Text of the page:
After nine months of carrying a growing bump, most new mums admit to wanting to tone up their tummy.   However, having good core control has more benefits than just a flat tummy.  A strong core means improved posture and less discomfort in the lower back, better functionality for everyday tasks, not to mention better bladder control!

During pregnancy, your body slowly begins to change shape and with your growing baby comes a tilted pelvis and an increased curve in your lower back.

So now baby’s here what can you do to restore your core?


The first six weeks after childbirth are an intense time for new mums, recovering from what is often a ‘marathon’ labour and adjusting to life with their new baby. The priority of these first six weeks is bonding with your new baby and taking every available opportunity to get rest.

A return to formal exercise is only suggested after your GP check at 6 weeks (8-12 weeks if you have had a caesarean).  In the meantime new mums should think about engaging the tummy muscles and the pelvic floor as often as possible & the good news is, it doesn’t take specialised equipment or a gym membership to do it!


Core exercises strengthen the muscles in the centre of the body, which include the abdominals, the back and pelvis, remember strong core muscles mean better posture and the ability to carry out activities with greater ease!

Pelvic floor exercises help strengthen the sling of muscles between the legs that help to control the bladder.  The muscles run from the pubic bone to the coccyx like a hammock.  If these muscles are strong you’ll notice them working when you cough or sneeze, preventing any embarrassing leakages!

New Mums should resume pelvic floor & core abdominal exercises as soon as possible after birth – believe it or not you can start 24 hours following delivery!

Try these simple exercises at home…


Basic pelvic floor strengthening is the place to start. Follow the three simple steps below to locate your muscles:

Standing, sitting or lying on your back, breathe normally and tighten the urethra as if stopping the flow of urine when you go to the toilet
Tighten the back passage as if you are stopping yourself passing wind
Draw the muscles up between your legs as if gripping something in your vagina.

Build up to holding for 10 seconds, releasing slowly – don’t just let go!
The muscles can be trained several times a day.  Find triggers in your daily routine to remind you to do them, e.g. feeding the baby.
Aim to include 3 sets of 10 squeezes a day.

Visualise your muscles like an elevator, tightening as the elevator doors close and lifting up as the lift rises up floor by floor.
Keep breathing throughout – don’t hold your breath
Do not tighten your buttock muscles.

You also need to do fast contractions to ensure optimal bladder support.  Repeat the steps above but only hold for 1 second and release with control before repeating again.  Build up to 10 quick controlled contractions and perform them after the 10 slow contractions.

Visualise bringing the exits of your legs together, imagine you are turning a switch on and off.


The deepest abdominal muscle (transverse abdominis) wraps around our torso like a corset, supporting our organs, stabilising the spine and supporting the lower back.  It is often very weak and needs conscious thought to make it contract.  The easiest way to do this is to ‘draw the naval to spine’ and flatten your tummy.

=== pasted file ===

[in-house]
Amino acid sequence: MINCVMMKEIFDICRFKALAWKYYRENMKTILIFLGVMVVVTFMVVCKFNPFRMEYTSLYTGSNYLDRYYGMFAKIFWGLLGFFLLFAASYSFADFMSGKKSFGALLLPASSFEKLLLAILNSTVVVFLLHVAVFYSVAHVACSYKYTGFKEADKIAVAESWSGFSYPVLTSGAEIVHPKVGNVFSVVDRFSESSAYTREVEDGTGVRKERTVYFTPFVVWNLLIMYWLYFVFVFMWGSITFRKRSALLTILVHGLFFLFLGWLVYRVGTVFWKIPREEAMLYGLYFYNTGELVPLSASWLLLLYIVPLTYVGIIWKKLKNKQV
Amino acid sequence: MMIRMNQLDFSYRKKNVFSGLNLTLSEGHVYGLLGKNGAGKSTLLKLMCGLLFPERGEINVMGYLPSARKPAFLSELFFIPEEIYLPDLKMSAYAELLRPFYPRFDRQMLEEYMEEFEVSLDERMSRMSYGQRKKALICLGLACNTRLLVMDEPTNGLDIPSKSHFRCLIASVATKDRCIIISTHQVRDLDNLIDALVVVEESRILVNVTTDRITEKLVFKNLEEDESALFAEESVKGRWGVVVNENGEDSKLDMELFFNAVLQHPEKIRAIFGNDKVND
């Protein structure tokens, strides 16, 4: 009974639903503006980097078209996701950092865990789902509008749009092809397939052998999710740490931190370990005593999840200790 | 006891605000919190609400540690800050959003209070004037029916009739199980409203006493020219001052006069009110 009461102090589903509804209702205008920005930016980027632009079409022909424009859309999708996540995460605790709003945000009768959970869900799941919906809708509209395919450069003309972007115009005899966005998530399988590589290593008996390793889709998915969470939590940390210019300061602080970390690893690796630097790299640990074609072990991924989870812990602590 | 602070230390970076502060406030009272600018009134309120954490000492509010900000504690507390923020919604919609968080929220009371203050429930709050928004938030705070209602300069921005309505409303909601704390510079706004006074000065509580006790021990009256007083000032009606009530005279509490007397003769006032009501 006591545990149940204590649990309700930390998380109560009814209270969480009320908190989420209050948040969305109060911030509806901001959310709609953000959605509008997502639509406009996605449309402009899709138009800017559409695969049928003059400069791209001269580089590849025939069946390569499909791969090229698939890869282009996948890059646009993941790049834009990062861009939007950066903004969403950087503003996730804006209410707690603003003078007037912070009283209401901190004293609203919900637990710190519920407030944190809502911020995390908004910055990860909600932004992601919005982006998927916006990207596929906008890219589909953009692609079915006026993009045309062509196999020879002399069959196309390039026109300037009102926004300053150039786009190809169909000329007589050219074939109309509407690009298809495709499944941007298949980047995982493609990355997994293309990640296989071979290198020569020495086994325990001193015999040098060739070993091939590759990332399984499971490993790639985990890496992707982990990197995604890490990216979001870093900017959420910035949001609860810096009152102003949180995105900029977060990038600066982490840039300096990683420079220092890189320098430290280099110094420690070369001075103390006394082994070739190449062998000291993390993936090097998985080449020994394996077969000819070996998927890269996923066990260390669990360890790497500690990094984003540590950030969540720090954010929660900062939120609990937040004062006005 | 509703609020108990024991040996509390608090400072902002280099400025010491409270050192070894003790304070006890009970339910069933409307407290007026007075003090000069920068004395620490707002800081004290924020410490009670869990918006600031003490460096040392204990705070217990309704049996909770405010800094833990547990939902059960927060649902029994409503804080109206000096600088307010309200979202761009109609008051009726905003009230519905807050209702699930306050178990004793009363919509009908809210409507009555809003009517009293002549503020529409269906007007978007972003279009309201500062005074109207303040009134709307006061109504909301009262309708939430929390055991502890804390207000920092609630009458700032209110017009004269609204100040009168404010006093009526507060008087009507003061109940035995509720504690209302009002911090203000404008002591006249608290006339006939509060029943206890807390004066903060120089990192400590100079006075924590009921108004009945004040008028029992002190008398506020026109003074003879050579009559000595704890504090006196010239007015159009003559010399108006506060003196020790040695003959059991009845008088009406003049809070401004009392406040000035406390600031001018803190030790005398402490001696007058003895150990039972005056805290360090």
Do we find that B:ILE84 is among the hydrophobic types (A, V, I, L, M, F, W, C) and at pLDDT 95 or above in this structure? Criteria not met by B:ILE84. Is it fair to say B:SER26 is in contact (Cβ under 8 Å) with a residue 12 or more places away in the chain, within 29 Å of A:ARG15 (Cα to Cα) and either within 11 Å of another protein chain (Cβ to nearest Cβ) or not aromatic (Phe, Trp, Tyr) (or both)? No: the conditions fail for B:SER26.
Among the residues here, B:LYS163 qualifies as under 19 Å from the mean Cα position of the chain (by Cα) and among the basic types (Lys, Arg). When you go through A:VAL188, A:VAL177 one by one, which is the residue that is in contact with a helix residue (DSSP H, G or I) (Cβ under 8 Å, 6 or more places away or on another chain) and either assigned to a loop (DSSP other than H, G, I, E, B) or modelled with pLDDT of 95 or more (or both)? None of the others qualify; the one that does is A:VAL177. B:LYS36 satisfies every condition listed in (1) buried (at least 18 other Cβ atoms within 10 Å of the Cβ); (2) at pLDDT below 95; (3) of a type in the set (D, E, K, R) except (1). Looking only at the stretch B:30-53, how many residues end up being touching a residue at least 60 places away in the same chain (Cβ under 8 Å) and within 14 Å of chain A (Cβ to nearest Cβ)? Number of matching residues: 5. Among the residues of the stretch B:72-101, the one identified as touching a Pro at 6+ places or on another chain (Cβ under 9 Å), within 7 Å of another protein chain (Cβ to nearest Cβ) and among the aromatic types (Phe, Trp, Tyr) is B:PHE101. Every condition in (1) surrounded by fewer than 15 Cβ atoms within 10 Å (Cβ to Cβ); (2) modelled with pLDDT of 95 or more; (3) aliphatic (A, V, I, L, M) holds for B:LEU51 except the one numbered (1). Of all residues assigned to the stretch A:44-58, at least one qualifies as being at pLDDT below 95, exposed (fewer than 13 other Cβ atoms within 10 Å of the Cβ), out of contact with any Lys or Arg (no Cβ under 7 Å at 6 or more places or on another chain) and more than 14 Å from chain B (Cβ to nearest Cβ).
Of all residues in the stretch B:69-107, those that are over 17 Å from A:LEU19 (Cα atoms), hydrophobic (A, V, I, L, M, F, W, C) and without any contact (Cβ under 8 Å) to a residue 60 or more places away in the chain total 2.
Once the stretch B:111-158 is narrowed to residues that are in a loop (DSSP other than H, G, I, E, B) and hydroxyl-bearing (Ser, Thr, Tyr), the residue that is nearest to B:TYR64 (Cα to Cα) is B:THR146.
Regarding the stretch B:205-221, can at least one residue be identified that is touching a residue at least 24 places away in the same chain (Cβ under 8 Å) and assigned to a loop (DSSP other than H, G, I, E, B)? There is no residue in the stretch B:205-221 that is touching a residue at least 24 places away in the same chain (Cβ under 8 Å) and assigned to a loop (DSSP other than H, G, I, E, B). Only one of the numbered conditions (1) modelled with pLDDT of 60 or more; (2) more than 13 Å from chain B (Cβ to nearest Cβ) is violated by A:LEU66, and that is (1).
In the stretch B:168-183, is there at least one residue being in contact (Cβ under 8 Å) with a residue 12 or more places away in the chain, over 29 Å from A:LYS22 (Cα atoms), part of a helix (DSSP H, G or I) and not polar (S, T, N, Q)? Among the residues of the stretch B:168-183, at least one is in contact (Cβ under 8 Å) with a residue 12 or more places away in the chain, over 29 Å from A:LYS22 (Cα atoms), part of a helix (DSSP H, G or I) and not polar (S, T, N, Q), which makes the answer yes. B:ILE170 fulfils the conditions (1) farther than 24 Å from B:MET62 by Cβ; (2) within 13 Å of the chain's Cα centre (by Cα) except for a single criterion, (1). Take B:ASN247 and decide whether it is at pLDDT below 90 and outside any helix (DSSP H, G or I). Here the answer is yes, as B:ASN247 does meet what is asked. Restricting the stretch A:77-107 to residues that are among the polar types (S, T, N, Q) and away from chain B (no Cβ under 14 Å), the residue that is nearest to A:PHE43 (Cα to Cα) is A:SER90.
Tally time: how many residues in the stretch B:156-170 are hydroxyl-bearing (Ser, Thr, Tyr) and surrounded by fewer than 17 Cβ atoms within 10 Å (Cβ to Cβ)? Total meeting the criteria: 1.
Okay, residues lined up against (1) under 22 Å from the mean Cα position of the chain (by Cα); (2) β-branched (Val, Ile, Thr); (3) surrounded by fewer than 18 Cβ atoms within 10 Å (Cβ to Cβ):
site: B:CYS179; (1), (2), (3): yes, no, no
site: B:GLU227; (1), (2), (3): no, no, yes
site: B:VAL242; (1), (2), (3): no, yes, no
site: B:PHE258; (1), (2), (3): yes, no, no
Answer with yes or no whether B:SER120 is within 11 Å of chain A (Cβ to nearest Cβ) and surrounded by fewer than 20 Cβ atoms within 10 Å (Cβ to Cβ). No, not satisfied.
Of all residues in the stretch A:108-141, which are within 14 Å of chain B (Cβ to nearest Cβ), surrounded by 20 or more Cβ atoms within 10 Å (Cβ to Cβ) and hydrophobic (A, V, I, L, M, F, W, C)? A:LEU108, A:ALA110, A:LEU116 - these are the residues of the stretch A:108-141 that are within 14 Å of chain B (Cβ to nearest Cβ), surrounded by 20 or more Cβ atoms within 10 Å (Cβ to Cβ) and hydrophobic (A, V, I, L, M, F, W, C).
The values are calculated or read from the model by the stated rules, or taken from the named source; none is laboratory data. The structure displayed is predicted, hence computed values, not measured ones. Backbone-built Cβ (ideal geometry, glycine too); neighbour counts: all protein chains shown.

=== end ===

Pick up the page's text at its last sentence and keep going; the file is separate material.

Stand or sit and breathe normally, as you exhale, draw your naval to your spine – imagine zipping up a pair of tight jeans that won’t quite do up!  Hold the tummy in & count to 10.

Do not hold your breath
Contract gradually and hold
Practice as often as you can, finding triggers to remind you e.g. pushing your buggy.


Find Neutral pelvis:
Lie on your back, knees bent, feet flat on the floor hip distance apart.  Place your hands on your hips, fingers on your pubic bone.  Slowly tip the pelvis & arch your back away from the floor, reverse and press your lower back into the floor.  Relax into a position midway between these 2 points.

Leg Slides:
Lie on your back, knees bent, pelvis in neutral, ‘draw your naval to spine’ and hold the tummy in, breathing normally.  Slowly slide one leg out along the floor until straight. Keeping tummy in and breathing normally (don’t hold breath) return leg to start position and repeat on other side.  Build up to 10 repetitions on each leg, extend and return to count of 5.

Prepare as above and slowly lift one foot off the floor, knee over the hip, keeping tummy in and breathing normally (don’t hold breath) return leg to start position and repeat on other side.  Build up to a 10 second march and repeat 10 times.

Keep Pelvis in neutral as your legs move – do not rock pelvis.
Keep tummy pulled in, breathing normally
Keep your ribcage on the floor.


Lay baby next to you and count or recite the alphabet – entertaining baby and keeping track of your repetitions!


As you get into your stride as a new mum start taking short walks nothing more than 5-10 minutes to begin with, adding 5 minutes per week in the first 5 weeks.  During this time, focus on good spinal alignment to help strengthen the important postural muscles.

Whilst out pushing your buggy, take a second to look at your reflection in a shop window…is your bottom lagging behind?  If it is, stand tall, think about keeping your ears over your shoulders, hips over your knees and knees over your toes – stretch that body and be as tall as you can be!

After 6 weeks why not join a Buggyfit class and meet other new mums, get more help, inspiration & most of all have fun!

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